As we’ve discussed previously, the vaccines are exceedingly effective at protecting yourself from severe disease, hospitalisation and death, over 90% effective. For all three vaccines available in Australia, after a full course, so two doses of the same vaccine, are protecting you from getting very sick, going to hospital or dying from COVID-19, and we are seeing it with the statistics across the country of the people who are getting COVID and who are getting hospitalised and going to ICU are overwhelmingly unvaccinated and in some cases, partially vaccinated. The vaccines are not completely protective from you getting COVID-19 or passing it on to others altogether. They very drastically reduce those risks, they reduce the risk of getting COVID at all, and then they reduce the risk of you transmitting it to others, but it doesn’t mean that it is completely protected for that. They are almost 100% effective at protecting yourself and they have an impact on protecting others, but there is still a risk, even if it’s smaller, that you can get the virus and pass it on to others even if vaccinated and that is why it’s important we continue to practise COVIDSafe behaviours around people, so that we do our part, even if fully vaccinated, to protect the spread. Maintain physical distancing, washing your hands frequently with water and soap and hand sanitiser with at least 60% alcohol, if water and soap are not available, wearing a face mask if required by public health orders, and of course, getting tested and isolating if you have symptoms, even if really mild. Especially when you are vaccinated, in the unlikely event you get COVID, it’s very likely your symptoms are going to be milder than in unvaccinated people. It is really important that we are still getting tested even with very mild symptoms to make sure if we can contract COVID we minimise the risk of passing it on to others, even if ourselves are very well from severe disease from having the vaccine.
So, instead of our third question, we thought today we would take a chance to have a quick chat about the study that has been published in the last 24 hours about the use of the Pfizer BioNTech, or called Comirnaty, vaccine in children five to 11 years of age, which is a really interesting new piece of evidence that is adding to the body of knowledge that we have about these vaccines.
This is the first sort of landmark or large pivotal study involving more than 2000 children aged five to 11 years of age about the safety and efficacy of the vaccines in these cohorts. It is about the Pfizer, or Comirnaty, vaccine and they looked at the safety profile but also the immune response for the vaccine, a reduced dose, about 1/3 of the dose that adults or children 12 to 15 get. The study concludes, based on the information that the company has released, that the vaccine is safe and develops an equivalent or comparable immune response to those that we observe in older people with the full dose. So that’s a really encouraging result and it is adding to what we know about these vaccines in different age groups. This does not mean that the vaccine is now automatically going to be used in younger people. There is a whole heap of other processes that need to take place before we do that. The company has said that they will submit to the American drug regulator, the FDA, and to the European Medicines Agency in order to seek regulatory approval for the vaccine in younger cohorts. It is likely, after that process, that we will probably seek similar arrangements with the Therapeutic Goods Administration, Australia’s drug regulator. Each regulator will do an independent assessment of all the available evidence, this study will help form that opinion but it will not be the only thing they will look into, and before any regulator, and definitely Australia’s regulator, approve the vaccine for use in that age group, they will have to be satisfied of the safety and effectiveness of the vaccine in that cohort. At this stage it doesn’t change the arrangements, it doesn’t change the vaccine program in Australia, but it is a good step in terms of adding more positive news on how these vaccines may be used in younger groups which is good in terms of our goal to getting as many people vaccinated in the overall population. But for now, it is important to remember that the Pfizer BioNTech, or Comirnaty, vaccine as well as the Moderna, or Spikevax, vaccine are approved in Australia for people 12 years and over. So, kids 12 to 16 can get the vaccine right now and in fact we are seeing more and more younger people getting the vaccine every day. It has been really quick since the vaccine eligibility opened for people 12 to 15 years of age, broadly on the 13 September, there has been more than 15% of that entire age group that have received a first dose. Really, families are coming forward to receive the vaccine across all the age groups. It is important we focus on who is eligible right now which is everyone over 12+ for the two vaccines and everyone 18+ for the AstraZeneca. We keep increasing coverage rates among eligible groups and keep practising COVIDSafe behaviours around people cannot get vaccinated, like younger children or people who for whatever reason cannot get the vaccine. That’s the most important thing we can do right now, but some positive news on the horizon about potentially how we will use these vaccines in younger people later on when the regulators make the call. We thought we would update for you on that because we were sure that would be a lot of questions on that.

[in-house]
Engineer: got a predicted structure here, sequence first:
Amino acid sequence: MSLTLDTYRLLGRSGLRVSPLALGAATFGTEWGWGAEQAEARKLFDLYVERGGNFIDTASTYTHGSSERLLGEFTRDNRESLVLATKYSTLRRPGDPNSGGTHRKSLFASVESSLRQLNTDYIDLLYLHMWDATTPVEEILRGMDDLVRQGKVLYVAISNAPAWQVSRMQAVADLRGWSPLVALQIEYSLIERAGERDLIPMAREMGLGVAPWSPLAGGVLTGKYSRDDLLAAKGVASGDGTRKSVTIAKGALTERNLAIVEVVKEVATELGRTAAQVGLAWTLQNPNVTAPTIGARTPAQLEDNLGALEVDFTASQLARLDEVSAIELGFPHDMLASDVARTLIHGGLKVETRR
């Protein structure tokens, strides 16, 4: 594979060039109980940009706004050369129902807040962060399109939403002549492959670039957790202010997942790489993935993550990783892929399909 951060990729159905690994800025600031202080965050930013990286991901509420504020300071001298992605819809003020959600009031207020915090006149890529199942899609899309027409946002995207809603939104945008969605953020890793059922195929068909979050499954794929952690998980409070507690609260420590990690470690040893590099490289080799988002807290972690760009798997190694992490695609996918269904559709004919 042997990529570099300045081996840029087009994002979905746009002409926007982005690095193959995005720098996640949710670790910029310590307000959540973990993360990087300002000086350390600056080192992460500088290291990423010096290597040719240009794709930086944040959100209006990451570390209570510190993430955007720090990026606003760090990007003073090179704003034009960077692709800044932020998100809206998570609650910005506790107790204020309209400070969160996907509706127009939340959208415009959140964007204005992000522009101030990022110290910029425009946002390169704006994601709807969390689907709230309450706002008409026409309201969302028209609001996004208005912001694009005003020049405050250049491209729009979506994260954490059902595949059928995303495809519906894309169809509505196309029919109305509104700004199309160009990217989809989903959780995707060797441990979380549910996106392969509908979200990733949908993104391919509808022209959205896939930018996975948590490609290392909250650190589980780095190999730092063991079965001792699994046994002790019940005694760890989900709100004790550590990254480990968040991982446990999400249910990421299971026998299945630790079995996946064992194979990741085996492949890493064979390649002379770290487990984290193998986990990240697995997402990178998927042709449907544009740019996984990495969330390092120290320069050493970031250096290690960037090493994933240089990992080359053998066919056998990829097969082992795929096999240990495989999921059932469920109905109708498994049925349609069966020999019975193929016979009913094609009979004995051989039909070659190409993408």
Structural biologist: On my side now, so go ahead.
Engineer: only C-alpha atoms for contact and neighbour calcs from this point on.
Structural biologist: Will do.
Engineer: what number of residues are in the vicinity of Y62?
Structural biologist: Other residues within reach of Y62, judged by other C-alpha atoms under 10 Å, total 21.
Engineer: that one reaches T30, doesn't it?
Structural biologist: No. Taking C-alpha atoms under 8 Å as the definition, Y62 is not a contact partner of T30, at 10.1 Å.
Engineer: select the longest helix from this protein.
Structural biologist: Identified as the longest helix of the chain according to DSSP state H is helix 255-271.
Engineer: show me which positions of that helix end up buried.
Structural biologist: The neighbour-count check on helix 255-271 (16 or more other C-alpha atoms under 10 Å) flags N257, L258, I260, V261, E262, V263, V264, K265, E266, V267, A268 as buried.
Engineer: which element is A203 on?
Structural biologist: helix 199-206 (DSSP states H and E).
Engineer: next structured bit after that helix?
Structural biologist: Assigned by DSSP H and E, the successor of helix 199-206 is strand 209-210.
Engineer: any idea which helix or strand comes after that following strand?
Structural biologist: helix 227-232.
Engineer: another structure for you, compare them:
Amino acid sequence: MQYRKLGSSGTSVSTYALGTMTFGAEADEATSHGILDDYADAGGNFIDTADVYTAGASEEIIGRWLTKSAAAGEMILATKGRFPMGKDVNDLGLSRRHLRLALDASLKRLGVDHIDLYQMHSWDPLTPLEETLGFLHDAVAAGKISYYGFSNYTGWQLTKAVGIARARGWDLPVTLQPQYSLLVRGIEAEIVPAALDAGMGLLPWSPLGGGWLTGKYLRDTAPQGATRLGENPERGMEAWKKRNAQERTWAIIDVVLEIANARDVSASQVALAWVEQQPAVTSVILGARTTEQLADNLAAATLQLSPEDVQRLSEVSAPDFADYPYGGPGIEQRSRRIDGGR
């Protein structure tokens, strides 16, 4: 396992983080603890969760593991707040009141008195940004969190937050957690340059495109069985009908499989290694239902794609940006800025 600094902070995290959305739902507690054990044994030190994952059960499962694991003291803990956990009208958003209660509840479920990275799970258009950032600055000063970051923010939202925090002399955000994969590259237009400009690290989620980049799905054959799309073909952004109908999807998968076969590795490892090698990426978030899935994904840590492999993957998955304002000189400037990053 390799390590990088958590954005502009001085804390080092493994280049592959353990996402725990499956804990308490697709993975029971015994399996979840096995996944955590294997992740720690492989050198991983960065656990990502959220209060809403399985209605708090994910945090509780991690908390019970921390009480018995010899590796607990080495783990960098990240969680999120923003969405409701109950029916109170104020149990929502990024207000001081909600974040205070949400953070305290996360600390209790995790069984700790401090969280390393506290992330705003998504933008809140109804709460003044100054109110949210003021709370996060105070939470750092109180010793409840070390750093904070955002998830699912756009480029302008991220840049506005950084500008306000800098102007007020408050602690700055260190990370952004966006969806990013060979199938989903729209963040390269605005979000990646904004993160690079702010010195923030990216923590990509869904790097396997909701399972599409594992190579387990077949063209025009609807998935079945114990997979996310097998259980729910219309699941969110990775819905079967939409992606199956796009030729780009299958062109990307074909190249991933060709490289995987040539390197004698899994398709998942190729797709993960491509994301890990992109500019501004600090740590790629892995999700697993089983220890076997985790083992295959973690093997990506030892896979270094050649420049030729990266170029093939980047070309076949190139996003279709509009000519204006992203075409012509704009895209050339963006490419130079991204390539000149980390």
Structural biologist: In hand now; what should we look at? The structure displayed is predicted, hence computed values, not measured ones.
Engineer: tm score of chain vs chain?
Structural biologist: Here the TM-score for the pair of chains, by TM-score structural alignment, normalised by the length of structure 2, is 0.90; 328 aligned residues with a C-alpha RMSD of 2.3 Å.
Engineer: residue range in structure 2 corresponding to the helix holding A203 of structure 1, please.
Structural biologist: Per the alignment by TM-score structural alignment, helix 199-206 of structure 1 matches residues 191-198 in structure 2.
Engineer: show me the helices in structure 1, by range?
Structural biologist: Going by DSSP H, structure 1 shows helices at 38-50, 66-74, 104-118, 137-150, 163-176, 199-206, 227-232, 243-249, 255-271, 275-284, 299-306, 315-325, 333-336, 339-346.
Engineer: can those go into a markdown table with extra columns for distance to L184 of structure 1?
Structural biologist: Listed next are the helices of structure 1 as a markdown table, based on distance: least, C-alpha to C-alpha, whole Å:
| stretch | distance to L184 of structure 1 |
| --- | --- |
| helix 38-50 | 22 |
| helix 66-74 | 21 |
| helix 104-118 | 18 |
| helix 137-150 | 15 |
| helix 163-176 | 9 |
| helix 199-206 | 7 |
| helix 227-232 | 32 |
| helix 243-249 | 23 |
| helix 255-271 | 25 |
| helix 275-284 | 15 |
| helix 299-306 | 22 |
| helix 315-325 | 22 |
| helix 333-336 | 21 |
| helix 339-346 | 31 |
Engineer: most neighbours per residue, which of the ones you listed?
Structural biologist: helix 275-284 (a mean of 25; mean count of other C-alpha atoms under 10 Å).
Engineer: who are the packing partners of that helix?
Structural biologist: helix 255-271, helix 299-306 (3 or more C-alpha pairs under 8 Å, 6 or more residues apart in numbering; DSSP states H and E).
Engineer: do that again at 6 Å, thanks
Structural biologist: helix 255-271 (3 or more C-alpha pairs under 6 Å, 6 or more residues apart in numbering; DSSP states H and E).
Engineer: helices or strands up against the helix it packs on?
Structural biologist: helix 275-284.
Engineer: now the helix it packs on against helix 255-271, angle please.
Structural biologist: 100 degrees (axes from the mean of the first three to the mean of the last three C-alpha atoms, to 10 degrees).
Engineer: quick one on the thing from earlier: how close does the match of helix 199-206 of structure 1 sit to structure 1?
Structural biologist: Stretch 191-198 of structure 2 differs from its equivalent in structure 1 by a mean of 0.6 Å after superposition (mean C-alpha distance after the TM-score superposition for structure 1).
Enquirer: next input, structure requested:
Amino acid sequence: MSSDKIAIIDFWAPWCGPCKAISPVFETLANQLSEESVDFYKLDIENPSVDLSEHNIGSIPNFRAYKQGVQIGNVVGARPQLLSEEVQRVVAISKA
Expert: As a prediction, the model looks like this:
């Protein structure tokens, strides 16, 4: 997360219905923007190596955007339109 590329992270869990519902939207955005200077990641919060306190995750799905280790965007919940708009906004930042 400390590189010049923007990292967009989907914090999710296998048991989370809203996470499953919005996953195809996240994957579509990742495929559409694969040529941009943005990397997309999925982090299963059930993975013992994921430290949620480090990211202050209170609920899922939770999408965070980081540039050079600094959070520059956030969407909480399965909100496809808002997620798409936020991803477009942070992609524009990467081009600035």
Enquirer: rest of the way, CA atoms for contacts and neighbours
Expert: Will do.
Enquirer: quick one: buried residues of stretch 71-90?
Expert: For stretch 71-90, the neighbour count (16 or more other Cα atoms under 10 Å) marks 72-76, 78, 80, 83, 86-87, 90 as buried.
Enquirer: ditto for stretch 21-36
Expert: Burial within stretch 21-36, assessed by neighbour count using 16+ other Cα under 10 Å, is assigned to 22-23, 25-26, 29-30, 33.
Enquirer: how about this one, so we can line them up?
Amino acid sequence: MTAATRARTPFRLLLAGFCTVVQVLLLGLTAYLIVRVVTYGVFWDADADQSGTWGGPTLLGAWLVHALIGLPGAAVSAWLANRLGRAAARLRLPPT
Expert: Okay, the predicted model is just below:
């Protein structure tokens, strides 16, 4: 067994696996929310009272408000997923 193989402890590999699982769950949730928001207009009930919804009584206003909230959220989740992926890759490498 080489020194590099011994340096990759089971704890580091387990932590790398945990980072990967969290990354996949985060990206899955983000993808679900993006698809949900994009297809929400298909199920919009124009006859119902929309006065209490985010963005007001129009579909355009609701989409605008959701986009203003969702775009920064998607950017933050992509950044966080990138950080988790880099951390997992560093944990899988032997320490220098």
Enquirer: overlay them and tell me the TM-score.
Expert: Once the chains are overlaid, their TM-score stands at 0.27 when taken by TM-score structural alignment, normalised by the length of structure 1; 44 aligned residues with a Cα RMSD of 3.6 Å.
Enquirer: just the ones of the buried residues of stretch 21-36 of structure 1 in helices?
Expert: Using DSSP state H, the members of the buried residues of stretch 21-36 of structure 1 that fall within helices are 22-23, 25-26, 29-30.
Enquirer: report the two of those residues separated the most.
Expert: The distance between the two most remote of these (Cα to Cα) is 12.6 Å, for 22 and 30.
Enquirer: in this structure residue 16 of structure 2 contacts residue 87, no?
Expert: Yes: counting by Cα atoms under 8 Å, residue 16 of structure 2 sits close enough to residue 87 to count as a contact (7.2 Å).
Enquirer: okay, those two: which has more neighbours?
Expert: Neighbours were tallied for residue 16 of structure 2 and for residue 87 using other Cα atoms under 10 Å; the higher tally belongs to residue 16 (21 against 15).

And that is all we have for today. Thank you very much for listening, thank you for watching, thank you, Linda, for your interpreting. And continue to practise COVIDSafe behaviours and we will see you next time